CEG Industry Blog

Five Signs Rebuilt Equipment Is Safe

There's no denying the cost benefits of using rebuilt and remanufactured equipment on the jobsite.

📅   Fri June 24, 2016 - Edition
Megan Wild - CEG BLOGGER


There's no denying the cost benefits of using rebuilt and remanufactured equipment on the jobsite.
There's no denying the cost benefits of using rebuilt and remanufactured equipment on the jobsite.

There's no denying the cost benefits of using rebuilt and remanufactured equipment on the jobsite. As noted by Steve Scott, director of product development with Industrial Parts Depot, the use of such hardware can amount to a cost-savings of up to 55%

Despite the potential savings, construction foremen and superintendents must always keep the safety of their workers as their topmost priority. As such, there are a number of signs to look for when examining rebuilt or remanufactured construction equipment. Paying attention to these signs might even save a life some day:

1. Brand Name Certification and Warranty

For starters, look for a brand name certification when trying to determine the safeness of a rebuilt machine. Companies of varying sizes, from Bortek to Volvo, maintain their own remanufacturing and recertification programs. Not only do these initiatives help to reduce the overall amount of waste that is directed into our nation's landfills, but they also reduce the amount of cash that is diverted from your pocketbook.

Moreover, equipment that is rebuilt or remanufactured through a reputable brand name almost always includes a brand new warranty. The exact type, length and terms of the warranty can vary greatly between manufacturers, so make sure to read the fine print before committing to a purchase.

2. Environmental Impact

In some cases, used and outdated equipment is remanufactured in order to lessen its environmental impact. This might be a mandatory action as a result of recent legislative changes or the simple desire to embrace new and emerging trends in environmental protection. In either case, the equipment in question will be far safer for the environment than its previous incarnation.

3. Low Usage

Next, try to look for equipment that has a low amount of previous work hours. Anything between 3,000 and 5,000 hours is relatively low, so this type of machinery should be reliable as well as safe. If purchased through an official remanufacturing and recertification channel, such equipment should have plenty of life left to make it worth the investment.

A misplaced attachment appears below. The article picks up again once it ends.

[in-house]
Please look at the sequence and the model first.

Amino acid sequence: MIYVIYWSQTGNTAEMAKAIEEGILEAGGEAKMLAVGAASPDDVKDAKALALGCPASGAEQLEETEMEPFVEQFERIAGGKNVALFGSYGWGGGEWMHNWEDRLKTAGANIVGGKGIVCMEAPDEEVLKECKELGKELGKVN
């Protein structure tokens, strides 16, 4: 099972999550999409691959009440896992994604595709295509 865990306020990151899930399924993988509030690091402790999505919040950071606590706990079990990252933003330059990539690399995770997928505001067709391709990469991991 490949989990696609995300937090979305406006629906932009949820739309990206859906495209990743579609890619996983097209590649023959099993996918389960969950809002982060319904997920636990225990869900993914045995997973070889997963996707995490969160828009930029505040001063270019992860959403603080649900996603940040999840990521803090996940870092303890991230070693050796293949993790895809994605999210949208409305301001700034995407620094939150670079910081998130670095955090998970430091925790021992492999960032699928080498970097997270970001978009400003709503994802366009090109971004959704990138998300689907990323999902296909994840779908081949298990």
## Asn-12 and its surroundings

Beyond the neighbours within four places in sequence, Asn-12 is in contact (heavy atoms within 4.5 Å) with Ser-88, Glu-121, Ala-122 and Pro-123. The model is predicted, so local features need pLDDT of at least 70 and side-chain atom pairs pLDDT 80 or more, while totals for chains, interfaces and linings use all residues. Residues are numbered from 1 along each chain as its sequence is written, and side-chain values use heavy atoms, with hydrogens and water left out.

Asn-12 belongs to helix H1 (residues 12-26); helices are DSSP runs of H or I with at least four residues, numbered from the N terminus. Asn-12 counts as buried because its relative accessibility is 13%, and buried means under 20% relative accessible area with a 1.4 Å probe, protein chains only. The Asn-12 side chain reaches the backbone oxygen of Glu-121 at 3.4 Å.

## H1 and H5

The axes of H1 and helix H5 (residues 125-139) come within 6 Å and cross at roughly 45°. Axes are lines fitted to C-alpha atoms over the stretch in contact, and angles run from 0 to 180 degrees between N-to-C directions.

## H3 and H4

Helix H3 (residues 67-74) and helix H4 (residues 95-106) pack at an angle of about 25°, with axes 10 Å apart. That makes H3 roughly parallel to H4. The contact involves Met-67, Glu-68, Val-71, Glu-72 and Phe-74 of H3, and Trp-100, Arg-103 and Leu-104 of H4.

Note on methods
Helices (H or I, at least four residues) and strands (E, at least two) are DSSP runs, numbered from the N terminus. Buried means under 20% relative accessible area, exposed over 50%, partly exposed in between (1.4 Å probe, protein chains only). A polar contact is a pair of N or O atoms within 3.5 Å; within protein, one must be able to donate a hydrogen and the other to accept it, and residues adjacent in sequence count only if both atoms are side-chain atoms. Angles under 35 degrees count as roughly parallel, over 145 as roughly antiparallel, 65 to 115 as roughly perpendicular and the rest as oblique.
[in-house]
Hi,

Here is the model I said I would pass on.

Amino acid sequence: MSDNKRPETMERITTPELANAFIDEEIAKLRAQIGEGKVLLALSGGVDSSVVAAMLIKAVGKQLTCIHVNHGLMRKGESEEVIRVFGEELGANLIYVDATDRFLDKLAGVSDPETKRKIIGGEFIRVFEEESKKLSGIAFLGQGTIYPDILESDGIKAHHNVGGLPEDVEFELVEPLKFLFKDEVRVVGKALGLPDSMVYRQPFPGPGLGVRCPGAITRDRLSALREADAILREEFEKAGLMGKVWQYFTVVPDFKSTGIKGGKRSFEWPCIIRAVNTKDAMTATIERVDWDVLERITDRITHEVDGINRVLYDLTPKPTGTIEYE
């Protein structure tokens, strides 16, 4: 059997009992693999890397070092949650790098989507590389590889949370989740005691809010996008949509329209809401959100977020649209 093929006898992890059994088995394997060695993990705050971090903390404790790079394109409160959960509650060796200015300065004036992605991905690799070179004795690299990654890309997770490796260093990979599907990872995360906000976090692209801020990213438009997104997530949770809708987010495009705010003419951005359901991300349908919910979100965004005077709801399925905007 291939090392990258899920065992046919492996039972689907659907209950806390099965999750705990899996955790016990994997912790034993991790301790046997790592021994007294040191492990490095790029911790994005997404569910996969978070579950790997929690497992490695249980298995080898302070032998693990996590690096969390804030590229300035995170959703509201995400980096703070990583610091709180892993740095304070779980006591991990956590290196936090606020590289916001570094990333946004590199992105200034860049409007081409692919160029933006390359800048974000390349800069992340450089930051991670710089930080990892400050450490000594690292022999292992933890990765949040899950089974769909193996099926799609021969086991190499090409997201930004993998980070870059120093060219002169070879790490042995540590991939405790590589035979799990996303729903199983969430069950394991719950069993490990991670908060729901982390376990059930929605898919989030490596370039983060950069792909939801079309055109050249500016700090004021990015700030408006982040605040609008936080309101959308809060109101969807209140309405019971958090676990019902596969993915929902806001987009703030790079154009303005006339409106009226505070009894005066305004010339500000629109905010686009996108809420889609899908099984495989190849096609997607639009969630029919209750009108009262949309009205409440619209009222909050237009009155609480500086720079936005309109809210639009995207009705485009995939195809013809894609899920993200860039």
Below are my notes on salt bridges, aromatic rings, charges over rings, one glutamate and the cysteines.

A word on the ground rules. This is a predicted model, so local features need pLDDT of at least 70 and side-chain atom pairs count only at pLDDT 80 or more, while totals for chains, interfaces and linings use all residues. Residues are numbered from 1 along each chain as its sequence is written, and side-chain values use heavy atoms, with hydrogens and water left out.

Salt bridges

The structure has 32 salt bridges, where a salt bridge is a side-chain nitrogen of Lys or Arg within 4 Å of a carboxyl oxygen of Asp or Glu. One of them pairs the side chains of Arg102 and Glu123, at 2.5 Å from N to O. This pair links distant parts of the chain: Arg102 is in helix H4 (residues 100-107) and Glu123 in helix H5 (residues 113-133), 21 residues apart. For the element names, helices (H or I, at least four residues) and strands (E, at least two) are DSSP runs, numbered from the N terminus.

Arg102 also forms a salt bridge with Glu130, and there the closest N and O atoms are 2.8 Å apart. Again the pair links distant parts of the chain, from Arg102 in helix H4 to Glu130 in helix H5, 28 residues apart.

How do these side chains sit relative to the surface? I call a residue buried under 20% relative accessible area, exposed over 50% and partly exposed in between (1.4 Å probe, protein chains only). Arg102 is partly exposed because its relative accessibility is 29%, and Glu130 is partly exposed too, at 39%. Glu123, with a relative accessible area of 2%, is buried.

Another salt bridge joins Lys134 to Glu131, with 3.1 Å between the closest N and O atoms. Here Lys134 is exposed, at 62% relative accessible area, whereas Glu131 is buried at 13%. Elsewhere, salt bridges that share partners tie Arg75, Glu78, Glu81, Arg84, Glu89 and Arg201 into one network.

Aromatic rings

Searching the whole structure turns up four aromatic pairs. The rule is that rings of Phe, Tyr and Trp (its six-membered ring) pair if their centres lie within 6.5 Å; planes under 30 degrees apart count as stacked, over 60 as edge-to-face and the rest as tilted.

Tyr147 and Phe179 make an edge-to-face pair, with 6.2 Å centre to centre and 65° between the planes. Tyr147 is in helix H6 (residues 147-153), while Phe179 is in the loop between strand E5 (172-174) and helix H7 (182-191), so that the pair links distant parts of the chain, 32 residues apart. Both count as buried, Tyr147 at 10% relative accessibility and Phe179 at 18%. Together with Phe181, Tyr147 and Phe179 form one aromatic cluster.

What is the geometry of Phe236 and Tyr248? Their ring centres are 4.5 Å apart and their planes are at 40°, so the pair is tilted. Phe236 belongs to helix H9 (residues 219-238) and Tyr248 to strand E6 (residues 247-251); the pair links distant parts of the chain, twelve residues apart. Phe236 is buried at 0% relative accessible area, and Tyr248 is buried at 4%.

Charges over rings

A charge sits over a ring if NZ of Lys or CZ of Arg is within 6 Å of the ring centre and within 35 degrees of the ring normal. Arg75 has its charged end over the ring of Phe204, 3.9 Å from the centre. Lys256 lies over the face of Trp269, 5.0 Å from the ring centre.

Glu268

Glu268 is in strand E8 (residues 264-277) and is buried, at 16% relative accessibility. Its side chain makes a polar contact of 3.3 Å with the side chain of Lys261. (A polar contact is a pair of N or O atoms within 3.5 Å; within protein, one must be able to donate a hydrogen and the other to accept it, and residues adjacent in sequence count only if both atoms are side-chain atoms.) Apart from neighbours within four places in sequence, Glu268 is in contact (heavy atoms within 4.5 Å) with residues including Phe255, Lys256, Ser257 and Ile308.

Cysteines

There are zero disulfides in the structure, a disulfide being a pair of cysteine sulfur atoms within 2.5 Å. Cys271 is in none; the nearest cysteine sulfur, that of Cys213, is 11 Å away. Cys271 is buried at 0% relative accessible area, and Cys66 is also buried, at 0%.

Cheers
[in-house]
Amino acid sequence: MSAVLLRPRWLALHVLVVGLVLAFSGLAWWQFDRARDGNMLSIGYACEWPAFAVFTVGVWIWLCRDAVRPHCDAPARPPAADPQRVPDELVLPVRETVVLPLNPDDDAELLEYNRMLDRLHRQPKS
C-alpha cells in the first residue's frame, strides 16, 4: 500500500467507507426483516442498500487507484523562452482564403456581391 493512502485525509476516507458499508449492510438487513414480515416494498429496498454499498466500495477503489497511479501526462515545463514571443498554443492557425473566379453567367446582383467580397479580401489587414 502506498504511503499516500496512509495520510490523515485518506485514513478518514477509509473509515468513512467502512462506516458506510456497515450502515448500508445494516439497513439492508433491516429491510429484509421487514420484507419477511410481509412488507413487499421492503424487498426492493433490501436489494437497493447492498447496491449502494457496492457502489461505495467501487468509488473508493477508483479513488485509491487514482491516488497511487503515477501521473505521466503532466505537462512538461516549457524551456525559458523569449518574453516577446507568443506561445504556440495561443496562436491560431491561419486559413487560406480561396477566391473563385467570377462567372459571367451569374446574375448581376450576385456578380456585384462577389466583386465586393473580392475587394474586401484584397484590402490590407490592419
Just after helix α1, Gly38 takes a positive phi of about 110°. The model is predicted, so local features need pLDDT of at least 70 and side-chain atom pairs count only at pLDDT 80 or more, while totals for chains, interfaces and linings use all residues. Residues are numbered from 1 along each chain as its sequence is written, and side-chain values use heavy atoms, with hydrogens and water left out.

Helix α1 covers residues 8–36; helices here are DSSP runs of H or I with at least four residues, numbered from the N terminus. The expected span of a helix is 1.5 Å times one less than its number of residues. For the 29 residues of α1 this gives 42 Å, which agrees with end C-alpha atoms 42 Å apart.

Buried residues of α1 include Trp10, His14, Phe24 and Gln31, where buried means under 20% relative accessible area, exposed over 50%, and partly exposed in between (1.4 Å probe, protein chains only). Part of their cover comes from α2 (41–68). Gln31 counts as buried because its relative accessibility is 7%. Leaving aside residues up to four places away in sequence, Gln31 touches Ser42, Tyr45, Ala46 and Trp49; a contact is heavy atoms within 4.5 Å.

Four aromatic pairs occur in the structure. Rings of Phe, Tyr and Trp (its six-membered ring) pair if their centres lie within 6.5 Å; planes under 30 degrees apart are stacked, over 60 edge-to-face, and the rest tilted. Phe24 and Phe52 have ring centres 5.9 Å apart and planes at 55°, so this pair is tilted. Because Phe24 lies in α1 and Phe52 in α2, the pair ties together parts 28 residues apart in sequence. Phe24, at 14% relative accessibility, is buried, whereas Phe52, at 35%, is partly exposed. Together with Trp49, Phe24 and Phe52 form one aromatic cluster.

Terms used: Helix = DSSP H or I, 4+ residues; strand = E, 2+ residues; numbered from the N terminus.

Apart from the actual amount of past usage, you'll also want to inquire about the exact type of work it was used for. While a dealer might not have access to such information, it certainly doesn't hurt to ask. A vehicle that was used to support labor-intensive projects will likely have more wear and tear as opposed to one that was used to haul workers, materials or tools from jobsite to jobsite.

4. Check for Safety Documentation

You'll also want to check for the presence of any safety-related documentation, including any user guides, service manuals and even safety stickers on the equipment itself. These materials often provide important notices, including safety guidelines, for operating and working with such machinery. If you notice any missing documentation or stickers, bring it up to the dealer immediately. Documentation may have been replaced, and stickers are easily damaged, so this isn't a surefire red flag. However, it is a big enough issue that it should be addressed before taking your new equipment to the jobsite.  

5. Outward Appearance

Finally, make sure to examine the external appearance of the machinery in question. This may seem like an obvious point, but it’s often overlooked by novice buyers. Examine the exterior finish for any dents, cracks or chips, as these could lead to more serious problems down the road. You'll also want to verify that all electrical systems and components are in working order, too. Failure to do so could result in permanent damage to other parts of the machine.

Cat provides a plethora of resources, including detailed checklists, for consumers to use when inspecting rebuilt or remanufactured equipment. These checklists can also be applied to new and used equipment as well

Maintain an Emphasis on Safety

Examining the safety of a rebuilt or remanufactured vehicle before taking it off the lot is only the first step. In order to ensure the long-term safety, reliability and efficiency of all your equipment, it's critical that you stress safety on the jobsite. Make sure all of your heavy equipment operators receive any required certifications and that your general laborers are aware of common jobsite safety practices. Taking this step after purchasing your remanufactured equipment is critical to ensuring the safety of your rebuilt machinery for years to come.